do when they're off-duty, etc. And it wouldn't be a book with great
appeal, IMHO. Tolkien himself struggled with the whole orc issue; in
some of his later writings, he leaned towards making orcs derived from
twisted Men rather than Elves. If he had trouble with resolving these
issues to his own satisfaction, it's not surprising that this reader, at
least, has a bit of trouble being fully convinced by orcs. That aside:
much of the time we see orcs as nameless, faceless members of an
innumerable mob (why do the bad guys always have the biggest armies?
Yes, I know: the story would be over too soon otherwise). In this
chapter, as you say, Blue, we do see some traces of individuality. Orcs
are not automatons, they are "a race of 'rational incarnate' creatures,
though horribly corrupted, if no more so than many Men to be met today"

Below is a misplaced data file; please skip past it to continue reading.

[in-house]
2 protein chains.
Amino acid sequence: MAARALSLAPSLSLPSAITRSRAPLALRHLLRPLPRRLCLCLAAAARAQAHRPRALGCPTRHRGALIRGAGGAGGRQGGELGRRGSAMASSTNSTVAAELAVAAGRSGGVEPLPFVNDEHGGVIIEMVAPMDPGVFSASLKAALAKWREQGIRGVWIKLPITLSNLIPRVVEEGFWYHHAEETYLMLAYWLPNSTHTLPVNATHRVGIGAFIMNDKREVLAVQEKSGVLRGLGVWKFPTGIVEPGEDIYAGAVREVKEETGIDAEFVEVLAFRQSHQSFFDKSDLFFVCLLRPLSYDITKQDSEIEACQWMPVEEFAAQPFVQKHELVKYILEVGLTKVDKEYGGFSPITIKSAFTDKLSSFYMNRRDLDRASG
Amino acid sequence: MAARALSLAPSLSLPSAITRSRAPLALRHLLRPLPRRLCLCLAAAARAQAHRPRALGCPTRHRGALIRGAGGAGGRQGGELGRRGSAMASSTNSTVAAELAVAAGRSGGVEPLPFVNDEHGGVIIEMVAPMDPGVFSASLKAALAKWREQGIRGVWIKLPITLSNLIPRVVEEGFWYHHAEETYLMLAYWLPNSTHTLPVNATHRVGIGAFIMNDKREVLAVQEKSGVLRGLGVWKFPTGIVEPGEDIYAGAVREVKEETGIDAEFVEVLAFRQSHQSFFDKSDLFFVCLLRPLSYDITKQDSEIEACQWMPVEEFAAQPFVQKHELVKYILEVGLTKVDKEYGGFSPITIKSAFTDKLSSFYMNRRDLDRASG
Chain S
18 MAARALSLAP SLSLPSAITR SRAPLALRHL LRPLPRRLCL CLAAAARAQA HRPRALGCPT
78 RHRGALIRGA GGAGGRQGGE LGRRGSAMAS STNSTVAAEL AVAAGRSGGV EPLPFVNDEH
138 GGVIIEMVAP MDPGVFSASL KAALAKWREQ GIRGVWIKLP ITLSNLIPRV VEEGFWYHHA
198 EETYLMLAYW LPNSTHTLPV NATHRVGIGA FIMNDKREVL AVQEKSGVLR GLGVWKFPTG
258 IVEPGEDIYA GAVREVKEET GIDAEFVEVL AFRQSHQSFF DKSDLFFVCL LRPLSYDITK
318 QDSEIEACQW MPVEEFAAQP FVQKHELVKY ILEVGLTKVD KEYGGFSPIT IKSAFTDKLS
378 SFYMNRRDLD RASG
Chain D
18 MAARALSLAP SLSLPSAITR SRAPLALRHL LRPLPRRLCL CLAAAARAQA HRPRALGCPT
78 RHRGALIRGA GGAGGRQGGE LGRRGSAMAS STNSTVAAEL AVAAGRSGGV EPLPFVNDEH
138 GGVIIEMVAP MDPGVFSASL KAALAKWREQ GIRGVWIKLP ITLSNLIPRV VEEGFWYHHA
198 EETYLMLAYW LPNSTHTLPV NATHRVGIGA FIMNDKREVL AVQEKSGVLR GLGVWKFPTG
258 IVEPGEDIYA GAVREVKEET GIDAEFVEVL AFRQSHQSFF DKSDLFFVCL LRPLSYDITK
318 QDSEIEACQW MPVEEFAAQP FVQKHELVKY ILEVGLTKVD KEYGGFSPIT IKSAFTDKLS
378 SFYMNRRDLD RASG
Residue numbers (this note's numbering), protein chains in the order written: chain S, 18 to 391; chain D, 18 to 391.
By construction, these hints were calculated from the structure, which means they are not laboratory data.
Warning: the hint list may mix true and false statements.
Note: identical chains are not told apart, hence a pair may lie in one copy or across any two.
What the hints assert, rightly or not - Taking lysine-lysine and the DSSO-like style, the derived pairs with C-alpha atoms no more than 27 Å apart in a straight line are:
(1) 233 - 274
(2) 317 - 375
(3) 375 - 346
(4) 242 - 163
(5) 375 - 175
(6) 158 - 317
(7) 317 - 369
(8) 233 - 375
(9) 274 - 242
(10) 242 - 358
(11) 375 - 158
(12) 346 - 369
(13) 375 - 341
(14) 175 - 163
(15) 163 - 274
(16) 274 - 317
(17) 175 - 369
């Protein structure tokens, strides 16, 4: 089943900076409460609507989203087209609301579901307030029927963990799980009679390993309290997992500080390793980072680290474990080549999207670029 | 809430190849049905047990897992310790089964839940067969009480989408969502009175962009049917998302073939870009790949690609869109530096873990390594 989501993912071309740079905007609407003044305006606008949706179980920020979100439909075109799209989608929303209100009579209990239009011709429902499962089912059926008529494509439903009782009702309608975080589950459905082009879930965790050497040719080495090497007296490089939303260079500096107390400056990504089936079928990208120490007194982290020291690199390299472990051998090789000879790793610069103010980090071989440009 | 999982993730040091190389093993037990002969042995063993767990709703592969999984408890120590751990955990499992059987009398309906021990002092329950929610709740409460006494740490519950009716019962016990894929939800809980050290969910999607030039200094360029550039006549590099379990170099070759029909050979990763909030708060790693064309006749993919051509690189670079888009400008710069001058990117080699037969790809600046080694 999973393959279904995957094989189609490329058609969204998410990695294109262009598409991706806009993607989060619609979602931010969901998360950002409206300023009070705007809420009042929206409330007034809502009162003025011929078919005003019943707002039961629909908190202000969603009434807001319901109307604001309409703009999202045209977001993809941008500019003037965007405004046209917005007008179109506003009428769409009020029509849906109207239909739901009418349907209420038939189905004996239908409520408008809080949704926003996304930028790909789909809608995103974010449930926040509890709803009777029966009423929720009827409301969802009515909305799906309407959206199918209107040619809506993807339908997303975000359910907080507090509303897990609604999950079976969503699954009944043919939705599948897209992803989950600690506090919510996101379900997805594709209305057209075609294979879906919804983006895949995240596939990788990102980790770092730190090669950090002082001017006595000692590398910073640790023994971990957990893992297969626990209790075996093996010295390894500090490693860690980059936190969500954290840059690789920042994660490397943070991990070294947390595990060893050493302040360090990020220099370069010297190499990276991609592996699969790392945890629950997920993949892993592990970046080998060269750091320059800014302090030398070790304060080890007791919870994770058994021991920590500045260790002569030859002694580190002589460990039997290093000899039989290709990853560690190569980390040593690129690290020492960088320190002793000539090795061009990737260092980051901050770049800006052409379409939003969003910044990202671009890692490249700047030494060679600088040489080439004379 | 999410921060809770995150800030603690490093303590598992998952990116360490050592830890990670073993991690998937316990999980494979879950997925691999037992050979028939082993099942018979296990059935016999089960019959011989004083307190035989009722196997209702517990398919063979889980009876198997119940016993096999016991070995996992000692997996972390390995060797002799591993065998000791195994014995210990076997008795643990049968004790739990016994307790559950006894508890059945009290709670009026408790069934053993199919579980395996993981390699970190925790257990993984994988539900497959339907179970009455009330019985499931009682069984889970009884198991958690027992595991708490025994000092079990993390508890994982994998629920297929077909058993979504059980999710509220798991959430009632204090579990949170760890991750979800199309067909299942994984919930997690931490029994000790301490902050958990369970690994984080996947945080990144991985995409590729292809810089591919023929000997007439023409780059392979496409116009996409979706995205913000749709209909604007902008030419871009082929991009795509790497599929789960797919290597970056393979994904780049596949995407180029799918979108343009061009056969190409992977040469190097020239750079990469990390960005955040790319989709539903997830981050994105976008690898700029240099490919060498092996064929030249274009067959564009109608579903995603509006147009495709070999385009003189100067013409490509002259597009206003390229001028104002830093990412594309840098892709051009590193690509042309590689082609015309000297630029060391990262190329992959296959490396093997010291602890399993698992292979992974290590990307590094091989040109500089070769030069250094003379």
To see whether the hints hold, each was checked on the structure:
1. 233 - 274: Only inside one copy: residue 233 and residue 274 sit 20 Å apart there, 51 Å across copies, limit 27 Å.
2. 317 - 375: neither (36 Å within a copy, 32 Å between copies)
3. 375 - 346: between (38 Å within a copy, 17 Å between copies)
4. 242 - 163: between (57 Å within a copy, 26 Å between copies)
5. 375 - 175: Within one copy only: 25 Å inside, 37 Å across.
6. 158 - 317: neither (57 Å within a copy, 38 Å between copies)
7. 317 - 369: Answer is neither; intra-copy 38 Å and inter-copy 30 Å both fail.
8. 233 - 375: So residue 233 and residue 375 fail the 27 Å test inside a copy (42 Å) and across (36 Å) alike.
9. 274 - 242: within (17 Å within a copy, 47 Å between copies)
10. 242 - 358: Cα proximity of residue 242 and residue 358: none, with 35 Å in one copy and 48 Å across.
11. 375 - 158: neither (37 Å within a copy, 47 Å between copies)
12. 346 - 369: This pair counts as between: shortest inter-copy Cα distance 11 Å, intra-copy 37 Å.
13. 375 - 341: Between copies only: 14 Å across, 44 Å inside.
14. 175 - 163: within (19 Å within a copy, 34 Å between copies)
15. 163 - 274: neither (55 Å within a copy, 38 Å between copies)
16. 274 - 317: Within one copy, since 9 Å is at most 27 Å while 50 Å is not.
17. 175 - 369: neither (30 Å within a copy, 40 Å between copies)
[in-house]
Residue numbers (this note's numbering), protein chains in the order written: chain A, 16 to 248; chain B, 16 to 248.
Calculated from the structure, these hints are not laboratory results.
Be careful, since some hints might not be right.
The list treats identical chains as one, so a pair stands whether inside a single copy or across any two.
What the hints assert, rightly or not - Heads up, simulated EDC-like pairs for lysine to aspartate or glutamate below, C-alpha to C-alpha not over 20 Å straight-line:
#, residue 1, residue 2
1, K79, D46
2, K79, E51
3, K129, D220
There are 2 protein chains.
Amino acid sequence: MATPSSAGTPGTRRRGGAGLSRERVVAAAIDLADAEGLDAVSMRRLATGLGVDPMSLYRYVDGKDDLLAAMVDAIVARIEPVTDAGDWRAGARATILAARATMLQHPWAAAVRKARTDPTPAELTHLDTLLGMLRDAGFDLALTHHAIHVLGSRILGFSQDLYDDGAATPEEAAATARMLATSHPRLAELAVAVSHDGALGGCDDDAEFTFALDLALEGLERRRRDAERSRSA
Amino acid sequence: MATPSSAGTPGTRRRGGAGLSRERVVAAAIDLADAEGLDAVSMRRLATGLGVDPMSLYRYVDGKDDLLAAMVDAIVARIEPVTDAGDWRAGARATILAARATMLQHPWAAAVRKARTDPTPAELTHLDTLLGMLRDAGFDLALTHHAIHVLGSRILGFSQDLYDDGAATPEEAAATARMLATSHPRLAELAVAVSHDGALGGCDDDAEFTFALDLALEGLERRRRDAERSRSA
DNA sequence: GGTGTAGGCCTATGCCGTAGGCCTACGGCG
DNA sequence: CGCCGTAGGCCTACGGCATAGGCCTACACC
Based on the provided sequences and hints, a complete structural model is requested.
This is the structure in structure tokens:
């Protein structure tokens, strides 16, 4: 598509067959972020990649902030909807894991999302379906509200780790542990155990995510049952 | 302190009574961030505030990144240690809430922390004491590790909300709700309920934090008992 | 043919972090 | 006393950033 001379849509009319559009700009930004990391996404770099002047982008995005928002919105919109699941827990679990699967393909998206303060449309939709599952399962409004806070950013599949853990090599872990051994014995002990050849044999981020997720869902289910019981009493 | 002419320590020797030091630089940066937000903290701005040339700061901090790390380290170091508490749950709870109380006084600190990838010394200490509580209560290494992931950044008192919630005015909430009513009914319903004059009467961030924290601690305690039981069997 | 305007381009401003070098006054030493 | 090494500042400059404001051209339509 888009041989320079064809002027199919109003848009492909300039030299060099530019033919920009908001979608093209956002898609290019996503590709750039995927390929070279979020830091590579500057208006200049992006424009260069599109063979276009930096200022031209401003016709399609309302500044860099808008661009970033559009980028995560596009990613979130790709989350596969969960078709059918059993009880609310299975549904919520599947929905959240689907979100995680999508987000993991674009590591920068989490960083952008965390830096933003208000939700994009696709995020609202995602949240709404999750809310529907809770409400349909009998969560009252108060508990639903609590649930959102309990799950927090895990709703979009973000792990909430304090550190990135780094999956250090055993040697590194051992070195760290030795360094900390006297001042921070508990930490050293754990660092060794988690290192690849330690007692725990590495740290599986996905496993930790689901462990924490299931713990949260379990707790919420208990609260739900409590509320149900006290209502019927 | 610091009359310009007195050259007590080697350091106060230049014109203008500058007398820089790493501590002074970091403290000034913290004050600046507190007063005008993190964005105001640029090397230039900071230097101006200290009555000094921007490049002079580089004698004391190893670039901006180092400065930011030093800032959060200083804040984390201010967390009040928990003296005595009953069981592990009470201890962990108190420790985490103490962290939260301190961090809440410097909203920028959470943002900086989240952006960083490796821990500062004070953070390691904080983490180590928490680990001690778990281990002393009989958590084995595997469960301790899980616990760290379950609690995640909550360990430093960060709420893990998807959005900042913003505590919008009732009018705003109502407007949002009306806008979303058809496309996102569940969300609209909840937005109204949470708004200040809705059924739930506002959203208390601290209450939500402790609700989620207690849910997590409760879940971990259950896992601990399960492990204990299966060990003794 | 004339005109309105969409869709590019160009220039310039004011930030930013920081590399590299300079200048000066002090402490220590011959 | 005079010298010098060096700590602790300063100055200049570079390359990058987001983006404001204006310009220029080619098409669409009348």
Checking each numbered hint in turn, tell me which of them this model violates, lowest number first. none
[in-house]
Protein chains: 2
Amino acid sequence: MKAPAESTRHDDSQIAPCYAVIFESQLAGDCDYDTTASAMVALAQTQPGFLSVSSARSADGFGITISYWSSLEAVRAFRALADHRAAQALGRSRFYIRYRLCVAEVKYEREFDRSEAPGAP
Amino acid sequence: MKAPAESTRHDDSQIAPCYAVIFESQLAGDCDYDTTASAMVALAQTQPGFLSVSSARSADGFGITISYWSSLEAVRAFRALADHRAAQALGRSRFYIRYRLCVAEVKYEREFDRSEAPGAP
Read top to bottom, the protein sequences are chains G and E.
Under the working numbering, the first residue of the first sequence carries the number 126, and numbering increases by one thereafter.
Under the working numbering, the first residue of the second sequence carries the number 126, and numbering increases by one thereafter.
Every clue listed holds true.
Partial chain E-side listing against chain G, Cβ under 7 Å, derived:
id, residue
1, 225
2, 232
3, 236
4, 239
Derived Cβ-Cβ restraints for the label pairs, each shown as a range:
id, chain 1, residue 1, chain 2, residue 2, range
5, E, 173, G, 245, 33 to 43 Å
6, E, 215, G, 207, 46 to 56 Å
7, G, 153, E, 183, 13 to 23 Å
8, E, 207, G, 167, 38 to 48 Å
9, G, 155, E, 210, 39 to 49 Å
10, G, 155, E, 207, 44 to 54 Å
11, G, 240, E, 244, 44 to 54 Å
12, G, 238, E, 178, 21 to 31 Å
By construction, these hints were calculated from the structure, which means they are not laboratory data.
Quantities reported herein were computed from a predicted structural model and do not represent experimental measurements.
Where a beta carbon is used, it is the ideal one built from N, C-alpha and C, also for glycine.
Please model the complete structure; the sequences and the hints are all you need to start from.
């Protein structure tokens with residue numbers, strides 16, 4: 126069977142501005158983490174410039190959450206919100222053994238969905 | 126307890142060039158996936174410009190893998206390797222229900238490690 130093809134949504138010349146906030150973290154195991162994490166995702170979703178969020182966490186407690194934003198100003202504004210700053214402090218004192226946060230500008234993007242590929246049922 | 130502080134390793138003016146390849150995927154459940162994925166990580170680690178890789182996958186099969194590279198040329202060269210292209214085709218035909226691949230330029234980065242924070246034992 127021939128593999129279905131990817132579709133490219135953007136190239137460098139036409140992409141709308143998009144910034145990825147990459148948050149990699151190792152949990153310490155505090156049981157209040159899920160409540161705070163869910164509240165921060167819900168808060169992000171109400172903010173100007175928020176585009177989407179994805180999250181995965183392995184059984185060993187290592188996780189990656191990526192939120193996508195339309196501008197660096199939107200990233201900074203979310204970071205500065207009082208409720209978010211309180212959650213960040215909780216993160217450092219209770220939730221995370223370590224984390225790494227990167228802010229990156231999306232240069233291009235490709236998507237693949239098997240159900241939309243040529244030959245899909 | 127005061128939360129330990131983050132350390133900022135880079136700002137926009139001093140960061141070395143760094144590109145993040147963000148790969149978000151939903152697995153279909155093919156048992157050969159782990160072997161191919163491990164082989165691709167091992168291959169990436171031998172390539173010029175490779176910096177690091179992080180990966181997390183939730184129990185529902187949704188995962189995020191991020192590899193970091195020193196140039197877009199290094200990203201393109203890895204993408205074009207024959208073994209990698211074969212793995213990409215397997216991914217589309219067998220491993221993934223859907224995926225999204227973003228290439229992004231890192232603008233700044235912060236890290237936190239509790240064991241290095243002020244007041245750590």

to quote Tolkien ("Letters"). Part of their "rationality" is shown by
their innate dislike and distrust of anyone from outside their own
immediate group. All orcs are not equal. As for why the Misty Mountain
orcs are there: I don't know. I agree that revenge seems an inadequate
motive. Perhaps they've somehow been summoned by Sauron, and were
heading for Minas Tirith but fell in with the other two parties of orcs.
- Actually, I'm glad you bought this up, Blue. I like
to... - Patty
put people (or beings) in fiction in an all good or all bad category,
based on their goals and how they go about them in order to have someone
to root for. But the fact of the matter is that all beings have some
inherent good features and some bad--yes, there is something of
substance about these orcs, as you pointed out.
- The Orcs' vritues seem to be Courage and Some
sense of Loyalty - dudalb
to their comrades. They might very well fear and hate Sauron (read
the dialogue between the orcs that capture Frodo on about how "even
the Big Bosses can make mistakes" and later, in Mordor, how some of
them are nostalgic for the period when Sauron was dormant and the